Stoudt, who will turn 29 on March 27, is extremely good-natured about all this. He's a an easygoing Joe, in the Namath mold. That is, if Namath were 6'4", 215 pounds and owned 20 pairs of boots—ostrich, eel, lizard, antelope and python (no, not Monty). "Namath was my idol," Stoudt says. "People tell me I look like him. The truth is, I have better legs." Perhaps, but nobody yet has asked him to model panty hose.
In five years on the Steelers' bench, Stoudt, a fifth-round draft choice out of Youngstown State in 1977, was a paragon of patience. For his first 3½ years, 56 games in all, with Pittsburgh, Stoudt was in a kind of never-never land: He was never sacked and never intercepted, but then, he never played a down, either. As Bradshaw's backstop, he mostly stood on the sidelines compiling defensive charts that Bradshaw never looked at and polishing his comedy routines: "I've heard of bringing guys along slowly, but this is ridiculous."
In Stoudt's company, flippancies fly more fleetly than James Lofton on a post pattern, than a blitzing Lawrence Taylor, than..."a Terry Bradshaw aerial," says Stoudt helpfully. Bradshaw, it happens, is never far from his thoughts.
Stoudt could have played in any number of Steeler blowouts those first 56 games, but his coach, Chuck Noll, never put him in. "It wouldn't have been fair," Noll told him. "Hell," says Stoudt. "I'd have played tight end just to get into a game." He never asked to be traded; he wanted to be a Steeler.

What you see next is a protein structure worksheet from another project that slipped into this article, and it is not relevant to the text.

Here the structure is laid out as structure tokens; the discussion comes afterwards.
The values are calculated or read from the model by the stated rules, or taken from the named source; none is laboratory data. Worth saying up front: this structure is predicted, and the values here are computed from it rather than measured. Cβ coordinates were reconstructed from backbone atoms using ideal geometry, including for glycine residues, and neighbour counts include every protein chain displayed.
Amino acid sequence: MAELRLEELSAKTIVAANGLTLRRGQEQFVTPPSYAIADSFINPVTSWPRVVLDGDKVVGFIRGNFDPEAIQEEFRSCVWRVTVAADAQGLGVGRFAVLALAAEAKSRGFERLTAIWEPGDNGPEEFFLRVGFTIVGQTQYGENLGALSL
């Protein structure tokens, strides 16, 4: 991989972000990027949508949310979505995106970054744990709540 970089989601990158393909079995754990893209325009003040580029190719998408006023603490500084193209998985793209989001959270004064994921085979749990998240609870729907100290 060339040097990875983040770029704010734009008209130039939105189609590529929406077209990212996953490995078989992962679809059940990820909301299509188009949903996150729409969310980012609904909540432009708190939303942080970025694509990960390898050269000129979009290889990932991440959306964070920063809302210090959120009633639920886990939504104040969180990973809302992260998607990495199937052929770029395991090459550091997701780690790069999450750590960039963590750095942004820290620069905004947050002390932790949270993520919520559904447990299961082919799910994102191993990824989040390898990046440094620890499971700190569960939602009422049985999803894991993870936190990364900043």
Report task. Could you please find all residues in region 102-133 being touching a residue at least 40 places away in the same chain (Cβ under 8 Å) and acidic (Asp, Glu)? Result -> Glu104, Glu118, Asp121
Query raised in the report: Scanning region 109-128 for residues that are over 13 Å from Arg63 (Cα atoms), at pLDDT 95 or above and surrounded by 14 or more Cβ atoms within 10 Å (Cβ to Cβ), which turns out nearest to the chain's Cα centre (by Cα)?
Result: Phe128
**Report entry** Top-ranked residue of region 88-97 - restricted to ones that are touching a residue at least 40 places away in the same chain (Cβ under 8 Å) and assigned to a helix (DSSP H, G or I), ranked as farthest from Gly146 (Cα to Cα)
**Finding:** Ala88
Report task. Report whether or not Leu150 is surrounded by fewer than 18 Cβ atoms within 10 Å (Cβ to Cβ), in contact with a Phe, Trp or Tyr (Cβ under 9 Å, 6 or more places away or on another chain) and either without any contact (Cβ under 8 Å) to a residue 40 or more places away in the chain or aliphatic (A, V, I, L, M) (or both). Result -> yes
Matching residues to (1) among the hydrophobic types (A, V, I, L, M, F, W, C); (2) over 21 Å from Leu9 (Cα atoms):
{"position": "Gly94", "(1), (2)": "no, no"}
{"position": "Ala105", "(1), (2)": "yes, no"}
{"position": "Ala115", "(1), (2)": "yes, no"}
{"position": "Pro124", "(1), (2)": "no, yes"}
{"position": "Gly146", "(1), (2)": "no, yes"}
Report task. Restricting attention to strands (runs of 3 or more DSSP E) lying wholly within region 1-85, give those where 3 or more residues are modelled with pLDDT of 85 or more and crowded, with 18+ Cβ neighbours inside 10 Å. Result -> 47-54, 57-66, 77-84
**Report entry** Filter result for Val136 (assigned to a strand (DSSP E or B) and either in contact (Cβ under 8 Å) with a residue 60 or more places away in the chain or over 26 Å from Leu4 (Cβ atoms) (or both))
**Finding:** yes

It was at Super Bowl XIV in Los Angeles in 1980 that a hungry horde of media people searching for fresh angles "discovered" Stoudt. He was on the verge of winning his second Super Bowl ring without ever having played a second of pro ball. "I played it for all it was worth," Stoudt says.
He told the press, "I reach my threshold of pain when my toes get cold in the fourth quarter."
And, "Yes, I shower with the team. But I don't know if they wash my uniform." After all, it never was dirtied.
Stoudt parlayed his newfound celebrity into $30,000 on the off-season banquet circuit telling jokes about not playing.